You know which ones, I’m sure.

Marooned in the Genesis planetoid, Saavik asks Kirk how he handled the hopeless Kobyashi Maru command test. Kirk explains, blithely, that he cheated because he didn’t agree with the conditions of the test.

“I don’t believe in the no-win scenario,” he says.

On that particular day, probably after terrible grades or loneliness or God knows what, I had the strongest epiphany of my life until that point. I couldn’t quite articulate it then, and for years, I assumed it was about believing there were always possibilities even in the darkest hour.

But I think at a different level than I consciously realized, the message I received from that scene is that circumstances are usually mutable, but even the ones that aren’t can always be…bent. You can improvise with even the bad ones.

I learned the gift of reframing: looking at disasters as chances for heroism.

So began a (slow, limping, barely-on-impulse-power-with-the-mains-offline) turn toward…well, many more years of being a reckless idiot with intermittent bursts of competence.

Star Trek provided a positive internal structure for taking action in the world. The self-talk my father had left behind like a bee’s stinger slowly faded in favor of Starfleet’s more professional kind of discipline, doing good because what was the point of doing something else?

Why be human if you’re going to still live by the tooth and the claw?

I’ve been blindsided often over the years when people are proudly and spectacularly self-interested (or when I’ve been), but I still don’t believe in the no-win scenario.

A Summer Reading List

I’m not sure it’s accurate to say that summer is my favorite season, but it’s certainly the one when my body and mind expect to spend their days writing, walking in the woods, napping, and reading during afternoon thunderstorms.

Thanks to some poor financial decisions on my part (chief among them not being born into inherited wealth), I won’t get to spend my summer that way for at least another twenty years.

So in the meantime, I have a few go-to books for my summer reading that somehow remind me of a lazier time of year. Some of them take place during the summer, and others I simply read for the first time during one many years ago.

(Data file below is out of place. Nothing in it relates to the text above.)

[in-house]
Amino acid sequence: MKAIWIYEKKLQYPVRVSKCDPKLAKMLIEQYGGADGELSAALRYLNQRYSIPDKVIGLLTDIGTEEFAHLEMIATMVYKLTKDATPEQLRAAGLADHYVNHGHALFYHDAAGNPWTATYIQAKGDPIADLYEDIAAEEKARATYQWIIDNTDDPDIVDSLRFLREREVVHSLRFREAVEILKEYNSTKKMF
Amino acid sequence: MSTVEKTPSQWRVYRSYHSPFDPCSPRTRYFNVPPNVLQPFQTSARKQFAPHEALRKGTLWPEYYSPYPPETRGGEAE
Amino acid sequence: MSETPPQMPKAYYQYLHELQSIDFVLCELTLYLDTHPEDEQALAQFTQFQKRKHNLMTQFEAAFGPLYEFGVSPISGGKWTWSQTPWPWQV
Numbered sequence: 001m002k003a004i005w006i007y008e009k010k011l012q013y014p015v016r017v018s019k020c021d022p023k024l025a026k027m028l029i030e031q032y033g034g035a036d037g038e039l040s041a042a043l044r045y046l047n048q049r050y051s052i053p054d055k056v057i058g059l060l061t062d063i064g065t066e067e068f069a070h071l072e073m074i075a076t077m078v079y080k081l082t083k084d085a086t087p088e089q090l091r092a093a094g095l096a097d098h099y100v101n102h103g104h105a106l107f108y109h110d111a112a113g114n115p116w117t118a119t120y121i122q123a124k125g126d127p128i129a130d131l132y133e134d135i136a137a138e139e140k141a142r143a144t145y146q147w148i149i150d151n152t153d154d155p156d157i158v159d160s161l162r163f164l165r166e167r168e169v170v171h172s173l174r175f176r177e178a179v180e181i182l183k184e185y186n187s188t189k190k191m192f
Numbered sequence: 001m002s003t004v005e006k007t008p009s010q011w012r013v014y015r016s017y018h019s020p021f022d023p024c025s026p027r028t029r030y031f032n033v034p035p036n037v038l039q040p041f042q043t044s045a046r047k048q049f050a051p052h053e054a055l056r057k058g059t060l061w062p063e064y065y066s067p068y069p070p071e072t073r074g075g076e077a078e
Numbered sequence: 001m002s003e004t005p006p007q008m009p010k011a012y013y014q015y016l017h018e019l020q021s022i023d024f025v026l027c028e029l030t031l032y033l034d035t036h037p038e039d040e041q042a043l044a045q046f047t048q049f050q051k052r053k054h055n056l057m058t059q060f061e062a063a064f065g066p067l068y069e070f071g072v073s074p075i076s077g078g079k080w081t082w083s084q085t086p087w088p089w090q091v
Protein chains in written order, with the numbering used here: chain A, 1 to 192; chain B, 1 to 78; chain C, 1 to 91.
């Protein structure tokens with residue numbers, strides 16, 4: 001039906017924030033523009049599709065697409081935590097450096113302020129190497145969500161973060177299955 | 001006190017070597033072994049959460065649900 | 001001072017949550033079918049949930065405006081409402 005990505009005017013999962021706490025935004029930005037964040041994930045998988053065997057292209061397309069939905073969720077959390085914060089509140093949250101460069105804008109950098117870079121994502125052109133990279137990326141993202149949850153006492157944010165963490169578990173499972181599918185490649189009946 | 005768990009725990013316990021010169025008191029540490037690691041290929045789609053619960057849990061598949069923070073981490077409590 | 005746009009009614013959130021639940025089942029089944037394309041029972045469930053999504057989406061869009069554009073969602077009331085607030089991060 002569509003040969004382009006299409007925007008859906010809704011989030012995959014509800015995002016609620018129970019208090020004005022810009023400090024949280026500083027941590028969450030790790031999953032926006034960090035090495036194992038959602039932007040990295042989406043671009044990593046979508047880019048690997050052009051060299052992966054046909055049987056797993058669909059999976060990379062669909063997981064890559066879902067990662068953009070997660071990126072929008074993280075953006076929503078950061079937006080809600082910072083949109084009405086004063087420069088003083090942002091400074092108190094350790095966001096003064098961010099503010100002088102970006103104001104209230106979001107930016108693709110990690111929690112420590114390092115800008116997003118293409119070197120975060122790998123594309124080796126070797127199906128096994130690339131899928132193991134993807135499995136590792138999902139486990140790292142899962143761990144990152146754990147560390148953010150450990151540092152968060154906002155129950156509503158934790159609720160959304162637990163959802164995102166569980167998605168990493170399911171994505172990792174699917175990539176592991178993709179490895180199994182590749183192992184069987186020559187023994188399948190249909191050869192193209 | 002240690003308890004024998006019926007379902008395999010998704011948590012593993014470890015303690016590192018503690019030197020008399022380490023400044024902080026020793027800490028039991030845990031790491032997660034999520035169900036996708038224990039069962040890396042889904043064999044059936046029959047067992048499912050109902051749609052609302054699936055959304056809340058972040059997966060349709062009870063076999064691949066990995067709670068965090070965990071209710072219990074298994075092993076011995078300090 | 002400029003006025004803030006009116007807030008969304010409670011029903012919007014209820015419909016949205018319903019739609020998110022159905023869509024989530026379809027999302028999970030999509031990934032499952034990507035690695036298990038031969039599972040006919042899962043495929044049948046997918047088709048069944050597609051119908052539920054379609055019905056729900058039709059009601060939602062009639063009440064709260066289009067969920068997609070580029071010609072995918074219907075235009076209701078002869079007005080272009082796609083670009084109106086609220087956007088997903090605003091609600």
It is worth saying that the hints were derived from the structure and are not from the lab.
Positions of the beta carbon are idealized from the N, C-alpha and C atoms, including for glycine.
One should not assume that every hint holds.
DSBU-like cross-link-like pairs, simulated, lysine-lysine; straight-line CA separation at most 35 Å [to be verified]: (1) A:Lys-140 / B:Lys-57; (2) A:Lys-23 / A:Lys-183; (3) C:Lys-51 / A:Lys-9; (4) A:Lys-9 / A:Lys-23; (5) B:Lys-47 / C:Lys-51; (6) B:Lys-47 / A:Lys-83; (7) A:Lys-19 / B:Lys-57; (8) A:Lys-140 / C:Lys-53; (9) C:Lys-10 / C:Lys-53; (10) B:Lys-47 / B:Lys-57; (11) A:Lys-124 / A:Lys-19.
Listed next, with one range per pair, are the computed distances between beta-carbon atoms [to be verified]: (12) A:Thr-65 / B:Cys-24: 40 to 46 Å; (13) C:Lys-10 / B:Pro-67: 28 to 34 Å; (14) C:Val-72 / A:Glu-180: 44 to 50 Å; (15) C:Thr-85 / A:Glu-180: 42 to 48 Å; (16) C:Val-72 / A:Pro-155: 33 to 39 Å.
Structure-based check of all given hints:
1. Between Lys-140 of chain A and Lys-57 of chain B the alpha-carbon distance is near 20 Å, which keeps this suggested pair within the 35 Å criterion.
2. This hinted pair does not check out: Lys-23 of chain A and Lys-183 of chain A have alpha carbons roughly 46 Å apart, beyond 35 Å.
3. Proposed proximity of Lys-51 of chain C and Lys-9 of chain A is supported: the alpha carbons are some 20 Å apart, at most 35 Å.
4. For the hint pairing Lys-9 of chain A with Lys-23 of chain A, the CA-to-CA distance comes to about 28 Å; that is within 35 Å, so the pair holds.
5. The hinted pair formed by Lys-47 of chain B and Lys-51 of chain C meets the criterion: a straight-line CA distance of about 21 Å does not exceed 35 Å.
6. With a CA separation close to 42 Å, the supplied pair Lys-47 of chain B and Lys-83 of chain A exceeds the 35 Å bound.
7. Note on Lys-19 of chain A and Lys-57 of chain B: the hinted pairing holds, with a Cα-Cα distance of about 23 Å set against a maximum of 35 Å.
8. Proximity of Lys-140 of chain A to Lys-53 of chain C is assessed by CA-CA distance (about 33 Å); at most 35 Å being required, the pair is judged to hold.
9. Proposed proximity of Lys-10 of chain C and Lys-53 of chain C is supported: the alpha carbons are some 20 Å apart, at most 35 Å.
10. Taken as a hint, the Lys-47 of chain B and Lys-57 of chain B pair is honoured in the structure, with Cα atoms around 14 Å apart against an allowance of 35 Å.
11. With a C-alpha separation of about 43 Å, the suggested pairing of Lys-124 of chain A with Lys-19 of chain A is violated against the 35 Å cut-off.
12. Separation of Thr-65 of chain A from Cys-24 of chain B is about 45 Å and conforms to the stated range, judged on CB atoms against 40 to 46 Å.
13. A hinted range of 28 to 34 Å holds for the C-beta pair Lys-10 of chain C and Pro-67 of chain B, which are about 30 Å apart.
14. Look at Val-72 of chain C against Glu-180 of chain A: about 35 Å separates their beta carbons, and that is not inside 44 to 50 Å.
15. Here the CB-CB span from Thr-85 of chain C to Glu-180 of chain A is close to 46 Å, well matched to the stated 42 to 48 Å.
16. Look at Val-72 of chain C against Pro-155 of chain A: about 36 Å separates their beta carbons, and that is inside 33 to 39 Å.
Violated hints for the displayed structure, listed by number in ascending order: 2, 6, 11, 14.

In case you also want to go on a mental summer vacation, here they are.

“The Body,” by Stephen King (from Different Seasons)

This is one of my favorite novellas of all time, and it takes place over a Labor Day weekend. I’m not sure if I first read it over a summer, but it definitely resembled most of the ones I lived: going on reckless adventures with friends as a way to court danger and learn who we were. I did that by breaking into abandoned schools and climbing onto roofs and skulking around in the middle of the night, but if there had been a body to go see, rest assured we’d have gone looking for it.

Earth Abides, by George R. Stewart

If there’s such a thing as a cozy apocalypse novel, this is one. When the human race is decimated by a plague, grad student Isherwood Williams ends up being one of the smartest of a small group of survivors who slowly rebuild a new and better society while the remains of the old one decay around them. Like the best science fiction, it’s a thought experiment in possibility.

You know you’ve got a good post apocalyptic book when you find yourself thinking, “Man, I’d love to loot a library just like that.”

Childhood’s End, by Arthur C. Clarke

Clarke will never be confused with a great prose stylist, but he manages to convey awe and strangeness with a pleasant scientific precision. I first read this novel of transcendent first contact — the kind where aliens come and tell us of our greater galactic destiny — in a summer lit course in Science Fiction at the University of Florida.

After years of being a fan of science fiction, I’d set it aside to be a good English major focused on the classics. When I read this book, though, I literally cried to think of how much better it was at exciting my imagination than anything I’d been assigned in my major.

The Hobbit, by J.R.R. Tolkien

During the summer of 1987 after my parents’ marriage had ended with far less violence than any of us expected, my mother and I took a vacation with a friend and her kids to Georgia and North Carolina. We did the usual touristy things like panning for (likely planted) gem stones at a “mine,” but what I remember most was the house where we stayed.

It was built on the side of a mountain beside a shallow creek. From the front, you could see miles of rolling green hills. From the large windows and porch on the back, you could gaze into the darkly inviting woods.